of the millisecond brightness oscillations from low mass X-ray binaries during thermonuclear bursts can provide us with important information about compact star parameters....

  16. Appalachian States Low-Level Radioactive Waste Compact (Maryland)

    Broader source: Energy.gov [DOE]

    This legislation authorizes Maryland's entrance into the Appalachian States Low-Level Radioactive Waste Compact, which seeks to promote interstate cooperation for the proper management and disposal...

  17. Cape Light Compact- Residential Energy Efficiency Rebate Program

    Broader source: Energy.gov [DOE]

    Cape Light Compact (CLC) offers a variety of financial incentives to customers for purchasing energy efficient residential equipment. Residential customers can take advantage of incentives on...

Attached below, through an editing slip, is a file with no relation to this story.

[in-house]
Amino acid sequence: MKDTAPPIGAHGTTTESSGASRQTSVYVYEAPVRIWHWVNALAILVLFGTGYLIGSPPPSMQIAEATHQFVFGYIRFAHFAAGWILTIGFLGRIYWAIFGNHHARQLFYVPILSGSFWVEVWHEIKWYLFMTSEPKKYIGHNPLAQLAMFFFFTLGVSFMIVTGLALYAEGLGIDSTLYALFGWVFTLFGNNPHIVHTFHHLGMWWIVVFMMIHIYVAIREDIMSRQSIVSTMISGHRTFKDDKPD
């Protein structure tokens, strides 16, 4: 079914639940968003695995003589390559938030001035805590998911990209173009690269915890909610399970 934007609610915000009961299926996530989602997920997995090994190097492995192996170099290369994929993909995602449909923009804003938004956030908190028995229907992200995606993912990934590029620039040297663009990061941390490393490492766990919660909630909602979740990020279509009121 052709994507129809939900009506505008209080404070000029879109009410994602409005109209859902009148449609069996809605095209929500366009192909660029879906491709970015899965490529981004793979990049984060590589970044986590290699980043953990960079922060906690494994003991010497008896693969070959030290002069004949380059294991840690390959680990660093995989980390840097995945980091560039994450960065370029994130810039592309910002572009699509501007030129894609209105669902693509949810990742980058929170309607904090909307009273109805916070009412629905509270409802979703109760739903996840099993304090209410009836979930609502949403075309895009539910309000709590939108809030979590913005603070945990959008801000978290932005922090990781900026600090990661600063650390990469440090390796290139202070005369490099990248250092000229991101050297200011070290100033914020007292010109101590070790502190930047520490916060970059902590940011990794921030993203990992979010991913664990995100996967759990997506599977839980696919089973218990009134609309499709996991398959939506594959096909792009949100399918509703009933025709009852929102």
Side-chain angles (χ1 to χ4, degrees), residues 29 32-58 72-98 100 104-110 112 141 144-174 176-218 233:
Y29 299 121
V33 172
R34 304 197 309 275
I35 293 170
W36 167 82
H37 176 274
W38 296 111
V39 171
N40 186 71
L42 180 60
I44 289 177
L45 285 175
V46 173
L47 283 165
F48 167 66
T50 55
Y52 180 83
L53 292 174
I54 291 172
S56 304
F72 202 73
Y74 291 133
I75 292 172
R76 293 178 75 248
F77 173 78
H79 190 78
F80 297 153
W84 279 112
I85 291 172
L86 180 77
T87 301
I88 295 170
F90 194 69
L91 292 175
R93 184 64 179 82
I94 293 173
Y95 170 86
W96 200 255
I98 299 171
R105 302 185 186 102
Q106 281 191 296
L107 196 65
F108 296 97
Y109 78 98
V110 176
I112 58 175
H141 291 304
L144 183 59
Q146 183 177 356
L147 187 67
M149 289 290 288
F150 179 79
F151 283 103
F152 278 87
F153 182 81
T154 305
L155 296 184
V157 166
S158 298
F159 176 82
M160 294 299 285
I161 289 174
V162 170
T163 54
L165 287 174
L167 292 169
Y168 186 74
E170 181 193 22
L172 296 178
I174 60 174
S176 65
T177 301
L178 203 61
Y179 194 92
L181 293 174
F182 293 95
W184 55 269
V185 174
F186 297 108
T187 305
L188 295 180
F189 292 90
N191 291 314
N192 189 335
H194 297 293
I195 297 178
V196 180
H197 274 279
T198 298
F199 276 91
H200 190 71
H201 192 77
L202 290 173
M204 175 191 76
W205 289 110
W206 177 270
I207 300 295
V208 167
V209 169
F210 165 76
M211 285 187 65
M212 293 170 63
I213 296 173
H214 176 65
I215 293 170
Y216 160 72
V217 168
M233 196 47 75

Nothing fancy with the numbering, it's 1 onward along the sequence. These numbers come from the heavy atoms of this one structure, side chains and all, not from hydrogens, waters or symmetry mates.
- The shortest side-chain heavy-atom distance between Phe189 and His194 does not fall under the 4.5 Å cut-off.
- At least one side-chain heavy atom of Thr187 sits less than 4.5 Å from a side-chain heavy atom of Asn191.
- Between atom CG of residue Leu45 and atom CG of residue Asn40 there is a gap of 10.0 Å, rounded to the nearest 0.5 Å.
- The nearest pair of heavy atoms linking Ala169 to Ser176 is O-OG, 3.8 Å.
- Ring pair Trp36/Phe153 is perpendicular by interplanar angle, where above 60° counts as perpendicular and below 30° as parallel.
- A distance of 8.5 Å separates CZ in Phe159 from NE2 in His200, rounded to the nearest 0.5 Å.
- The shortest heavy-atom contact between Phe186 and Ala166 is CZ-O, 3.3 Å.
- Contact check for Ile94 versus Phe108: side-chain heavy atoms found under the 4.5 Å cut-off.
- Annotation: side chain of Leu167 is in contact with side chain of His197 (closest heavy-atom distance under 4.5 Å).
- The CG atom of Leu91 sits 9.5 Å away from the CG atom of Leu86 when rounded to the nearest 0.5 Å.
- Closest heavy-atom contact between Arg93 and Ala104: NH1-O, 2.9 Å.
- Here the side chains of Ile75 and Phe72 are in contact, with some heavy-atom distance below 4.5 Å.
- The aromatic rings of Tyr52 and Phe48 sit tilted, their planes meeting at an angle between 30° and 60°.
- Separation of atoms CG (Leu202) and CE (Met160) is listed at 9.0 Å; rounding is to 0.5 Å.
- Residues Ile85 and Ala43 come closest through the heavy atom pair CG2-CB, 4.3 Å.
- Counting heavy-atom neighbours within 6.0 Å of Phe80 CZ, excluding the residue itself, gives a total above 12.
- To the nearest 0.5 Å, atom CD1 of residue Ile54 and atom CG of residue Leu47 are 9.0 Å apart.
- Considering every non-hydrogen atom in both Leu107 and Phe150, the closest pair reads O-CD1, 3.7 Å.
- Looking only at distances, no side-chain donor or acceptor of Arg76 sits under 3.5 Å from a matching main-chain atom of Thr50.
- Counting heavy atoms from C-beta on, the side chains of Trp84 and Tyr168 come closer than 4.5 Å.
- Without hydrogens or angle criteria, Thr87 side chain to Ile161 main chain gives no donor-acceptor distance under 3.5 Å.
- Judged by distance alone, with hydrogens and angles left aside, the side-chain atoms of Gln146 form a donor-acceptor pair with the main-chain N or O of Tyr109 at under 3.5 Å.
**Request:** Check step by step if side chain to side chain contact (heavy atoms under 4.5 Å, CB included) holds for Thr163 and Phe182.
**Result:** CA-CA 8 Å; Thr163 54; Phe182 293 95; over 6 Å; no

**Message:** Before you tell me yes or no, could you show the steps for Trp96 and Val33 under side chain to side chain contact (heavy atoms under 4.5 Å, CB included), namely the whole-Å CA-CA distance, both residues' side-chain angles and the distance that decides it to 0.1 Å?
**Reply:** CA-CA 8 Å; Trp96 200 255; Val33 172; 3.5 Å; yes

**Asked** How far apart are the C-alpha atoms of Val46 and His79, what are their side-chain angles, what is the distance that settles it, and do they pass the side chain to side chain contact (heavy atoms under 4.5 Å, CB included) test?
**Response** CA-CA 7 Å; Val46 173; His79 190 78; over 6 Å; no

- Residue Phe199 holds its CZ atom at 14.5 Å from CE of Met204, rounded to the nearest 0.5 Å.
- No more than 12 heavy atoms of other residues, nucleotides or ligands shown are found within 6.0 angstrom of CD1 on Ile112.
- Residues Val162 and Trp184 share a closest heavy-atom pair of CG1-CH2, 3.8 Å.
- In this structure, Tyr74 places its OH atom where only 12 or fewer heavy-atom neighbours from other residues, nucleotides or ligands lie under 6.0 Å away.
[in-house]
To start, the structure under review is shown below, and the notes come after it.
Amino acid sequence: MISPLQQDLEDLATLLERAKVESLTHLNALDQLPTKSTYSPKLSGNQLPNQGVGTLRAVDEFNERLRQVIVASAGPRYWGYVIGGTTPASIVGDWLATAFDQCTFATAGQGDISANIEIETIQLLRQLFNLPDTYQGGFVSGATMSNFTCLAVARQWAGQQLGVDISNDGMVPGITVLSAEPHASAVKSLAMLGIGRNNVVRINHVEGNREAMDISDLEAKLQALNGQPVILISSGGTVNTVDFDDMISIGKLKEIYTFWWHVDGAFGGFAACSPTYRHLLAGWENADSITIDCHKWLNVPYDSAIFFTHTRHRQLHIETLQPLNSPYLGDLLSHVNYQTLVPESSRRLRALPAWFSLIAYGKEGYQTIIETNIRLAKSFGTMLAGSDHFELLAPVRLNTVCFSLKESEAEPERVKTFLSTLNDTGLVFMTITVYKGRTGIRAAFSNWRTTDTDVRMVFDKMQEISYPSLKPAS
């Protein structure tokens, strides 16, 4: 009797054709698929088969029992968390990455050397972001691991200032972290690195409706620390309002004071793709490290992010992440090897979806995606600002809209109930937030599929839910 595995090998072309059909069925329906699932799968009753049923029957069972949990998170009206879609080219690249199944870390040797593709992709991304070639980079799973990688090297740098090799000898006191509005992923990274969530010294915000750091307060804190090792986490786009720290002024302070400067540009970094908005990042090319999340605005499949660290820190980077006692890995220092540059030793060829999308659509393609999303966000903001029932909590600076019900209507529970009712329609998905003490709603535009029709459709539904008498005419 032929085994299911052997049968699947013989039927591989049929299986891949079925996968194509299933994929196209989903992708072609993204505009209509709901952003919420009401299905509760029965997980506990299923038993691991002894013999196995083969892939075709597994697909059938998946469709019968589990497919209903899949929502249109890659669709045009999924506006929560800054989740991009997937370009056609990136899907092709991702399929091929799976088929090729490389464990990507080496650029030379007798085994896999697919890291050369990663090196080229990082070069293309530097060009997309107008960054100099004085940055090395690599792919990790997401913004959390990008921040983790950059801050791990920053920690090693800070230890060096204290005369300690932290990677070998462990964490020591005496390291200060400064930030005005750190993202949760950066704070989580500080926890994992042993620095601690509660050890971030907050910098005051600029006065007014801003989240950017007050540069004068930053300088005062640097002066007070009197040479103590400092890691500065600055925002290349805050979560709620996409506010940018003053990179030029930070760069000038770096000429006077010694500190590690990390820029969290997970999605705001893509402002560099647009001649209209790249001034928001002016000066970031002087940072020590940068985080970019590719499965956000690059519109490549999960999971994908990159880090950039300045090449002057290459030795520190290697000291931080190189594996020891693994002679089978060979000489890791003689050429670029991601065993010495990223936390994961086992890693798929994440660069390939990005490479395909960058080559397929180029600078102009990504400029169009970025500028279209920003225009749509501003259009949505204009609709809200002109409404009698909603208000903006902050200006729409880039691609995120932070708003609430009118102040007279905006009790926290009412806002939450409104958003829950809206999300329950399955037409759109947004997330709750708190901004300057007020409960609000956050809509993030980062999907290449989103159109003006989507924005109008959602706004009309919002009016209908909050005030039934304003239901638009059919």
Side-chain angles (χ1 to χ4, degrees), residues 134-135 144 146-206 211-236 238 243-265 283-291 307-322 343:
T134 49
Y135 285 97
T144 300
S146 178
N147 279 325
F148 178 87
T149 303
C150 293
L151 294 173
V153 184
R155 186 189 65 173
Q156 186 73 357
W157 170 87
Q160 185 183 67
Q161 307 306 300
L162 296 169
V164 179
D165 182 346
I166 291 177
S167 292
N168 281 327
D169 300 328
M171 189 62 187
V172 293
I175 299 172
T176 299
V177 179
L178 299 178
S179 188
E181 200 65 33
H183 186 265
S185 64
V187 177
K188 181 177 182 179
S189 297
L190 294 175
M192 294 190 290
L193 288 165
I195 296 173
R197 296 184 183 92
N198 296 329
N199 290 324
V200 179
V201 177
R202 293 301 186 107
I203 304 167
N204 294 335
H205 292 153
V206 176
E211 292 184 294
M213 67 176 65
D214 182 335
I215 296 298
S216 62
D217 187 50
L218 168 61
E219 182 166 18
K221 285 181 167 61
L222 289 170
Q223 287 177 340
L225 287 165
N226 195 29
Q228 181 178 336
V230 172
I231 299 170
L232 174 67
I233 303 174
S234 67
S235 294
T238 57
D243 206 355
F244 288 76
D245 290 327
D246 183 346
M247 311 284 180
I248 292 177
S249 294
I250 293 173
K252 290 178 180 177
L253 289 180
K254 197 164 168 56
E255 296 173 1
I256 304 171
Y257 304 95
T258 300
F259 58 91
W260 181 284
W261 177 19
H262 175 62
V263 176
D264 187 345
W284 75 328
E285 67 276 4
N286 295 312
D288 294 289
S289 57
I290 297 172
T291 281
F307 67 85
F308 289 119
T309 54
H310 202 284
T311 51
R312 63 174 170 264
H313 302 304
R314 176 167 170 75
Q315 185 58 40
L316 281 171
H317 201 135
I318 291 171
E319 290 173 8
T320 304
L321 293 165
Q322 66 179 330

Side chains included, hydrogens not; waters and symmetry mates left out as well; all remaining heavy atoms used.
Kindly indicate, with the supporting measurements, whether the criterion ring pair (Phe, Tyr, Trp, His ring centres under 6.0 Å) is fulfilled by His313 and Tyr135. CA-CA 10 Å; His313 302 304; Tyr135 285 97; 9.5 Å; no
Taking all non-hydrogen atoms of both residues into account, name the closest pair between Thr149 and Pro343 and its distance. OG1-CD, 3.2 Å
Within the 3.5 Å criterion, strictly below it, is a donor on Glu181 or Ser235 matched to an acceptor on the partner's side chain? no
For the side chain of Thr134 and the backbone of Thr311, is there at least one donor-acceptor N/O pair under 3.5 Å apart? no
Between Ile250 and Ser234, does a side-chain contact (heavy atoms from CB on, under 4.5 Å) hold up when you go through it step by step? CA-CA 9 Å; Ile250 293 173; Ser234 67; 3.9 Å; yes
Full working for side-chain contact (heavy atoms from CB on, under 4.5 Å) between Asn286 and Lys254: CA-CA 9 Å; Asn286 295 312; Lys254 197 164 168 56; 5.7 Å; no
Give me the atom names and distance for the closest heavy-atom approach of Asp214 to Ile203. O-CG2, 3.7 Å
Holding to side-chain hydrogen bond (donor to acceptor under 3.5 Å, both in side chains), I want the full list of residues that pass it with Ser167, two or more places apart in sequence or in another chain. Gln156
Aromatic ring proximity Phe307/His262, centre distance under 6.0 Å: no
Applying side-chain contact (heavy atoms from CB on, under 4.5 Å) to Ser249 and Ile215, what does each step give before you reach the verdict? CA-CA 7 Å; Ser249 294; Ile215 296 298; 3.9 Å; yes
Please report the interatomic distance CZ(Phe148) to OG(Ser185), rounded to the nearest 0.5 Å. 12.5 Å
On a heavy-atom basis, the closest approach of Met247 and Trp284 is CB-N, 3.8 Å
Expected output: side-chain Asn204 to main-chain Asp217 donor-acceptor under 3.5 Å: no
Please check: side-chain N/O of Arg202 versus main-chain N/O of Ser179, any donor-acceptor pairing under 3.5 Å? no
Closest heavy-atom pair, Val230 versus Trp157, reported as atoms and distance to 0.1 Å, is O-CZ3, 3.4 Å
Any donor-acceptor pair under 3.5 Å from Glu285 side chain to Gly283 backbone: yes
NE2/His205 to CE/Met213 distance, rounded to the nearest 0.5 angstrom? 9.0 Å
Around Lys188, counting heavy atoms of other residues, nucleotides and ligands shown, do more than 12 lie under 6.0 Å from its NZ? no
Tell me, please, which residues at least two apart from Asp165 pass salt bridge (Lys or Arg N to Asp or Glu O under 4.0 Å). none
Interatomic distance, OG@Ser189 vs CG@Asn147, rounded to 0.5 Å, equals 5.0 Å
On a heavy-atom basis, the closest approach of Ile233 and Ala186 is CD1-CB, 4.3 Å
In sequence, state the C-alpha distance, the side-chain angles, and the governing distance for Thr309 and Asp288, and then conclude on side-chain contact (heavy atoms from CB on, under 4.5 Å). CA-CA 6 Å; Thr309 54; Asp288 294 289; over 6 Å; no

18. Interstate Oil and Gas Conservation Compact (Multiple States)

    Broader source: Energy.gov [DOE]

    The Interstate Oil and Gas Compact Commission assists member states efficiently maximize oil and natural gas resources through sound regulatory practices while protecting the nation's health,...

  19. Western Interstate Nuclear Compact State Nuclear Policy (Multiple States)

    Broader source: Energy.gov [DOE]

    Legislation authorizes states' entrance into the Western Interstate Nuclear Compact, which aims to undertake the cooperation of participating states in deriving the optimum benefit from nuclear and...

  20. Southwestern Low-Level Radioactive Waste Disposal Compact (South Dakota)

    Broader source: Energy.gov [DOE]

    This legislation authorizes the state's entrance into the Southwestern Low-Level Radioactive Waste Disposal Compact, which provides for the cooperative management of low-level radioactive waste....